What is an Alpine Currant?

Greer Hed

The alpine currant is a shrub from the plant family Grossurlariaceae, a family that includes most species of currants and gooseberries. It is a deciduous shrub, meaning that it loses its leaves at the end of its growing season. As its name suggests, the alpine currant is found growing wild in the Alps region, but the plant is also indigenous to most parts of central and northern Europe. It is a hardy plant that tolerates growing in a variety of climates and conditions, and is usually grown as a decorative garden shrub or landscape feature.

Alpine currant shrubs are susceptible to aphid infestation.
Alpine currant shrubs are susceptible to aphid infestation.

Alpine currant shrubs typically grow to heights between two and six feet (half a meter to about two meters) and have thick, abundant foliage. The pale green leaves are palmate, meaning that they have small, individual leaflets originating from the base of each leaf, an arrangement that loosely resembles the palm of a human hand with its fingers outstretched. The alpine currant also has tiny, yellow-green flowers that begin blooming in the middle of spring.

Caterpillars are considered a pest to the alpine currant shrub.
Caterpillars are considered a pest to the alpine currant shrub.

These shrubs also have round, bright-red berries that look like the fruits of the related redcurrant. Unlike redcurrants, though, the berries of the alpine currant have a bitter, unpleasant taste that renders them virtually inedible. The occurrence of berries on shrubs grown in home gardens is rare, because plant nurseries generally only have male plants available for sale. Male plants do not bear fruit, and cannot pollinate females when there are none in the vicinity.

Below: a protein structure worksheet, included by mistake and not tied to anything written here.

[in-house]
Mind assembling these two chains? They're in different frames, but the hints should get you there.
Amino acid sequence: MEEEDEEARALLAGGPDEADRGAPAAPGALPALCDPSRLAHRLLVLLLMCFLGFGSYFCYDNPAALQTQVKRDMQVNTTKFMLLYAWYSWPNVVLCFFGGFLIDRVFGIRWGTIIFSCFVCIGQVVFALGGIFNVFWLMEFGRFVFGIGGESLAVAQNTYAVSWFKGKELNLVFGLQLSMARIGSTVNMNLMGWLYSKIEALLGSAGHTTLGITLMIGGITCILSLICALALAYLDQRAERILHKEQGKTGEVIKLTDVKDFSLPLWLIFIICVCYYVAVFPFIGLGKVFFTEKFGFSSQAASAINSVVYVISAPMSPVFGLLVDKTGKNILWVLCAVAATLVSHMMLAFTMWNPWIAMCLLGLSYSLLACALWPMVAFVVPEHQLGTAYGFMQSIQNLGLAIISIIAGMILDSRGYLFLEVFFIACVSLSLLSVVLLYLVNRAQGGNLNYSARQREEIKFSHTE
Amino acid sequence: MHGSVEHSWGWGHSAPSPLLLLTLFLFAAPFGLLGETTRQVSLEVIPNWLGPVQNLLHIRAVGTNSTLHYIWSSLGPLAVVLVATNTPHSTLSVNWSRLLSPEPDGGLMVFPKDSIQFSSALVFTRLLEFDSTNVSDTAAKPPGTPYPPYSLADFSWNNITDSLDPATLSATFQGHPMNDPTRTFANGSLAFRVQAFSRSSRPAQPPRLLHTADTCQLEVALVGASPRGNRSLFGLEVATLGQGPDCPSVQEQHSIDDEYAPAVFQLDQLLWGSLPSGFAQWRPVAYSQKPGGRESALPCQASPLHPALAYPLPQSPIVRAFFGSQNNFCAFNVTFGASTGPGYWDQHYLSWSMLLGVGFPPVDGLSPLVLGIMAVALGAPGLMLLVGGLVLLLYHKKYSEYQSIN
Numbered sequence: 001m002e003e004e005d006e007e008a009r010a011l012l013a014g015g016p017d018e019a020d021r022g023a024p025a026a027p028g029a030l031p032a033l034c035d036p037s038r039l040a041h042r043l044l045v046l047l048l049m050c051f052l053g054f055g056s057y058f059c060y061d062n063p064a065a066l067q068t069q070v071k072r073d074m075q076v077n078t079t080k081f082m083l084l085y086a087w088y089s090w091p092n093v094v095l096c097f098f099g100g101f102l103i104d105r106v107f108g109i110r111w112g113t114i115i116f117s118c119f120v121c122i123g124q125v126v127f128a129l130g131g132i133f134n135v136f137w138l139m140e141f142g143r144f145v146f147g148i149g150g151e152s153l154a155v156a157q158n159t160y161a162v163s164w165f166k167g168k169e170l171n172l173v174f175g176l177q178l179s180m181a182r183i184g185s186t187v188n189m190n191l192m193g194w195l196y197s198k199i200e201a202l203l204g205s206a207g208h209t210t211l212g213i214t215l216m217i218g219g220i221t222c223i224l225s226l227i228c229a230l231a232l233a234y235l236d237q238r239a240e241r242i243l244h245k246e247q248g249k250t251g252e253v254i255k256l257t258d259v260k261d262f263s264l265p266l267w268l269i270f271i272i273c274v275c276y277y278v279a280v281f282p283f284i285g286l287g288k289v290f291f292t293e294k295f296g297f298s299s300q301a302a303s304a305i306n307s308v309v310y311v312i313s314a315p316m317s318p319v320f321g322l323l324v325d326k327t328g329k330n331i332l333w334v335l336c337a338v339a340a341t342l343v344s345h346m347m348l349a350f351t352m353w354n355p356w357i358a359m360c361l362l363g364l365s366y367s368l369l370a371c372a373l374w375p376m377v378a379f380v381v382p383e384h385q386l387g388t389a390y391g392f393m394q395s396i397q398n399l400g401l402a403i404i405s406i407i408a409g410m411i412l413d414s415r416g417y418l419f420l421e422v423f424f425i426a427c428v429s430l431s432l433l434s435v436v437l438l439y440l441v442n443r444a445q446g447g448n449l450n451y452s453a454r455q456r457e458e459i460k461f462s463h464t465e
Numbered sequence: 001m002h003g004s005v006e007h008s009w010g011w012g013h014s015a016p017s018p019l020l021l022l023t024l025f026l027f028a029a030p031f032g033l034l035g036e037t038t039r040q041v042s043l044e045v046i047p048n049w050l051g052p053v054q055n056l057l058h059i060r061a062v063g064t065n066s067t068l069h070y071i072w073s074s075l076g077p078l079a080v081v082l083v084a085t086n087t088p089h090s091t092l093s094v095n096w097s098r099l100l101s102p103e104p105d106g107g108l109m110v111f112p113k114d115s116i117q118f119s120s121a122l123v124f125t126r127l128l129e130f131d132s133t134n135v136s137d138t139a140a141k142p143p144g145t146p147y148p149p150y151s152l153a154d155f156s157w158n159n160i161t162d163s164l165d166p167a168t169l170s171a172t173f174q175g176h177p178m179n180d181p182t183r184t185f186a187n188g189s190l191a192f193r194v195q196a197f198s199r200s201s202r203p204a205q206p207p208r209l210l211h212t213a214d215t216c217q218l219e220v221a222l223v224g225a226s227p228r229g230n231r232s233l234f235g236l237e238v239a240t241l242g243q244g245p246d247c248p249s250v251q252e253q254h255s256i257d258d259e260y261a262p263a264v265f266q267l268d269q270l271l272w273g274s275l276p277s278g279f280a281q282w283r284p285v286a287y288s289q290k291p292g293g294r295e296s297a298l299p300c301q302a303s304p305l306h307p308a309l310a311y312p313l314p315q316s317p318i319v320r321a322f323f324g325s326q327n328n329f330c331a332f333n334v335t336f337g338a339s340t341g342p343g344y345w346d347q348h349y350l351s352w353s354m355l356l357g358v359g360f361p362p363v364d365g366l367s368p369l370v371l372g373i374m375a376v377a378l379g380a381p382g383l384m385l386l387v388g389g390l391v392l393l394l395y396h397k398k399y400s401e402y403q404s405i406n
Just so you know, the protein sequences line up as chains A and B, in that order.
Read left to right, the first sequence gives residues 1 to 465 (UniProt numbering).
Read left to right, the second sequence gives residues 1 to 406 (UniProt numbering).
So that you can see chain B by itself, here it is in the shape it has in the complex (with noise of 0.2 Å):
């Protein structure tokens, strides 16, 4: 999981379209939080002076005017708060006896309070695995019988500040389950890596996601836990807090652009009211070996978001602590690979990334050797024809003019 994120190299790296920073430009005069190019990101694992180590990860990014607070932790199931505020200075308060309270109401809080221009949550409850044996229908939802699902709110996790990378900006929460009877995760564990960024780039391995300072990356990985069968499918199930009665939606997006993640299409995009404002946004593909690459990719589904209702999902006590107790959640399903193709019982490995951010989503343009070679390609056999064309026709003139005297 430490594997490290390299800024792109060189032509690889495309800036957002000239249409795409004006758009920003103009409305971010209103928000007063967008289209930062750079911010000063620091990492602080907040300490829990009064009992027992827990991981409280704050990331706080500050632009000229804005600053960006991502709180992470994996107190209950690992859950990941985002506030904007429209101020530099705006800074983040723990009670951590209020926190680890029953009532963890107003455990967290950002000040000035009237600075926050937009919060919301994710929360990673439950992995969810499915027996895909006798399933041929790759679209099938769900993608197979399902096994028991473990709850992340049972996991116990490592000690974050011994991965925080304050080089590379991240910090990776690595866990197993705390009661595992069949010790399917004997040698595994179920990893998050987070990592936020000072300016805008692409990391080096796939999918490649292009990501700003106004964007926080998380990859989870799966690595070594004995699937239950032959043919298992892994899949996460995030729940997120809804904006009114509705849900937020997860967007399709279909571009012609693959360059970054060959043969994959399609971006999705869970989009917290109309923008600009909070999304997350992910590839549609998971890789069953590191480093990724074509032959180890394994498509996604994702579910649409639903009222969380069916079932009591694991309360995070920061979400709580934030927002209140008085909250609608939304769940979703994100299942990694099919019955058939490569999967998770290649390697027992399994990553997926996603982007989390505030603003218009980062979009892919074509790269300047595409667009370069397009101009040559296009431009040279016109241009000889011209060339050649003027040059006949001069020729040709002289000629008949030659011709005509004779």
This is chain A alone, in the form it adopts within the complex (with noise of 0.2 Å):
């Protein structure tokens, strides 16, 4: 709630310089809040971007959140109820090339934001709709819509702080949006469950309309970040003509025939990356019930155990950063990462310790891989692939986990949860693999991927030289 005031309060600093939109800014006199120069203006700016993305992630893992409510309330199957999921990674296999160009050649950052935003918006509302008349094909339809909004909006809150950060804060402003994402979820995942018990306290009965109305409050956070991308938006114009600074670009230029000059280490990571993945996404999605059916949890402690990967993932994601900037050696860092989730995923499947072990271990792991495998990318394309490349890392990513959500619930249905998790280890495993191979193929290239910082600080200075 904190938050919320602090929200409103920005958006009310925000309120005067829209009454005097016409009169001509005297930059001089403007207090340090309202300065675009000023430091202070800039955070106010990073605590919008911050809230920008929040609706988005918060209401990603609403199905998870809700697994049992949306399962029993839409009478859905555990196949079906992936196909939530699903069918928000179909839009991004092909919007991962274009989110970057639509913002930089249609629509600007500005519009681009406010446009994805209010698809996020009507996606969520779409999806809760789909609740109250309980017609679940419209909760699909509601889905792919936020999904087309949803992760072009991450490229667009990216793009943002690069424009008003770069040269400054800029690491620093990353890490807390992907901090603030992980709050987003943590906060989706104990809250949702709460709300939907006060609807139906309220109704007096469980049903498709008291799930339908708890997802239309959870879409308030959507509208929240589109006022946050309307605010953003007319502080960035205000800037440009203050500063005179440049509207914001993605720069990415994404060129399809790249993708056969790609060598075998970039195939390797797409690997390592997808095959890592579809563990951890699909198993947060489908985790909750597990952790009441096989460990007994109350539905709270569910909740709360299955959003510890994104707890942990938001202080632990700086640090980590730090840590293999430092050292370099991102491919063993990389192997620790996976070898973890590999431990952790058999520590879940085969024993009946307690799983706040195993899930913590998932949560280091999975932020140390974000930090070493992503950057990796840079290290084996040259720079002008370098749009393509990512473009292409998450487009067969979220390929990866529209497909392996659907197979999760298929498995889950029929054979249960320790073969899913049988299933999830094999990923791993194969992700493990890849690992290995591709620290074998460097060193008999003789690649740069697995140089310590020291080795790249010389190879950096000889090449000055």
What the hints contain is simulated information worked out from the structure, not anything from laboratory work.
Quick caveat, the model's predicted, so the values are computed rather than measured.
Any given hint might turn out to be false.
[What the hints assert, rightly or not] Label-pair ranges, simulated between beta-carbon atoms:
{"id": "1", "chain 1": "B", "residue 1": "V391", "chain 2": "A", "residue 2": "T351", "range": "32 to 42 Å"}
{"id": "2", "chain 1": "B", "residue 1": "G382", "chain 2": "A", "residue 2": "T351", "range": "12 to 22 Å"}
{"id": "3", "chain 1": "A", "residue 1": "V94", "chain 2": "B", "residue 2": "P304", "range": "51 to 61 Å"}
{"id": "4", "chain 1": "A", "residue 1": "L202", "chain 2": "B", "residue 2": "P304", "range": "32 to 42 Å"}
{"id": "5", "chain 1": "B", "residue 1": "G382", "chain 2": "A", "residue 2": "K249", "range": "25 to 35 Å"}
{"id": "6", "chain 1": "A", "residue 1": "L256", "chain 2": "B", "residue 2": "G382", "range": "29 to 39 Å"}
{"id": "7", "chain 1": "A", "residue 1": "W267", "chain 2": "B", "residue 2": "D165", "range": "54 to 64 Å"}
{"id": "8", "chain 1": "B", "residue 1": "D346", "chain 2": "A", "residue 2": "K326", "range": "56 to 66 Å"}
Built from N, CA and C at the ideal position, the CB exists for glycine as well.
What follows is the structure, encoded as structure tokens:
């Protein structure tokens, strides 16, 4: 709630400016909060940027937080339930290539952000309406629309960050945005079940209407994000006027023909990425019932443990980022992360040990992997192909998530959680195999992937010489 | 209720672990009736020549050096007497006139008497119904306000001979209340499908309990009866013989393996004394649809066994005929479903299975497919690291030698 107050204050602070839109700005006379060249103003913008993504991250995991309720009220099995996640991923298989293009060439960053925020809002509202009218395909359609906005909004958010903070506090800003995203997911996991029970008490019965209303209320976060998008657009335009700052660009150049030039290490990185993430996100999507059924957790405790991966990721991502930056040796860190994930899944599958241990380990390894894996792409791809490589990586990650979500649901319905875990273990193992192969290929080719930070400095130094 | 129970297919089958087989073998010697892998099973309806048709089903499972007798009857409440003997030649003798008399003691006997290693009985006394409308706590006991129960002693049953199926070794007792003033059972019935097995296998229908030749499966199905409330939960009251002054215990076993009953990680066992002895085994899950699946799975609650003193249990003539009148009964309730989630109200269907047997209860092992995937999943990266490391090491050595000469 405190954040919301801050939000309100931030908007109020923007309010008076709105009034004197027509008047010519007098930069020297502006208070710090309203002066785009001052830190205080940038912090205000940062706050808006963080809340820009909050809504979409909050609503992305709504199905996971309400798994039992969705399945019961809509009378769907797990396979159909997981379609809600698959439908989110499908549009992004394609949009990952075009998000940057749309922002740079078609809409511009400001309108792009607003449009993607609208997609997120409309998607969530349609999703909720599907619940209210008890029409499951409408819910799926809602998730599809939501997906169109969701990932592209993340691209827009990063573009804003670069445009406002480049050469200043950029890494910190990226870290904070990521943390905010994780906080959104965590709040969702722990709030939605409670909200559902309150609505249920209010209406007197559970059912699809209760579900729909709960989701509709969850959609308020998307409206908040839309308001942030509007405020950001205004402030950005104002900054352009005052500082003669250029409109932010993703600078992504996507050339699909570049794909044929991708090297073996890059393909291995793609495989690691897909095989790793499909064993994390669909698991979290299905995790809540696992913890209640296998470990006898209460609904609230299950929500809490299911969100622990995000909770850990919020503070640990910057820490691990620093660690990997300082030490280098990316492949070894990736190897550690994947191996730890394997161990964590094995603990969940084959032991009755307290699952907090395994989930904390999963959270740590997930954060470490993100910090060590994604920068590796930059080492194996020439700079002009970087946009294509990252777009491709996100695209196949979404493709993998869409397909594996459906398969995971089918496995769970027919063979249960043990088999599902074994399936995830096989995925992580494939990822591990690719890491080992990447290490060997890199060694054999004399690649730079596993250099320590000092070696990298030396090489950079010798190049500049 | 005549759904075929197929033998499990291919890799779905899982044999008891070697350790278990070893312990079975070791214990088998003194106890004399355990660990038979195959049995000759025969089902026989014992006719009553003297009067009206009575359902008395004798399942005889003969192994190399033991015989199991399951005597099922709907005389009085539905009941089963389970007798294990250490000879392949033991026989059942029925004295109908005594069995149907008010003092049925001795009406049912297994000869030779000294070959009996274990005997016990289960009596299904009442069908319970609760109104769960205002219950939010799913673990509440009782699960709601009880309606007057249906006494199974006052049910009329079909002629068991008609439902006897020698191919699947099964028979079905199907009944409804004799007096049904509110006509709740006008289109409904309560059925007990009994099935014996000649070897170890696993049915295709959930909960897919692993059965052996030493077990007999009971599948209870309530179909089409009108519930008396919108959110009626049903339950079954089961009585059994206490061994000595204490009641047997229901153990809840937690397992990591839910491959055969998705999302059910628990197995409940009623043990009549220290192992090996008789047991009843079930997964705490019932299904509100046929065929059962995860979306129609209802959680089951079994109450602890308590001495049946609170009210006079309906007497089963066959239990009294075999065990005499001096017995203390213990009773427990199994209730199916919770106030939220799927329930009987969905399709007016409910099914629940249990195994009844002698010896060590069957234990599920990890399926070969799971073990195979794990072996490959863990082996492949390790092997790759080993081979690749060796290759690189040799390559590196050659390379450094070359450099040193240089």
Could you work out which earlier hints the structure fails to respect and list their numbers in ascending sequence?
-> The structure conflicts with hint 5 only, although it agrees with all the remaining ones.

The alpine currant prefers to grow in a spot that receives plenty of sunshine, although the plants will also tolerate shadier areas. Shrubs grown in shady conditions will not flower as abundantly and their foliage will be less developed. The plants can be grown in a variety of soil conditions, from sandy to clay-like. They have a resilient root structure that allows them tolerate planting on highly sloped ground, a trait that is useful if one is planting with soil erosion control in mind.

These shrubs do not need remarkably large amounts of water, but they do prefer consistent levels of moisture. Adding compost and mulch to the soil helps to maintain moisture levels and improve the drainage of the soil. The plants are susceptible to pests, such as aphids and caterpillars, and fungal infections, such as fungal rust and leaf spots, although these conditions can be minimized by keeping the growing area clean and free of weeds and quickly removing any plants that show signs of disease. Like most bushy plants, these shrubs also require pruning to remove old growth and dead branches. Alpine currants should be pruned in the summer, after their flowers have emerged.

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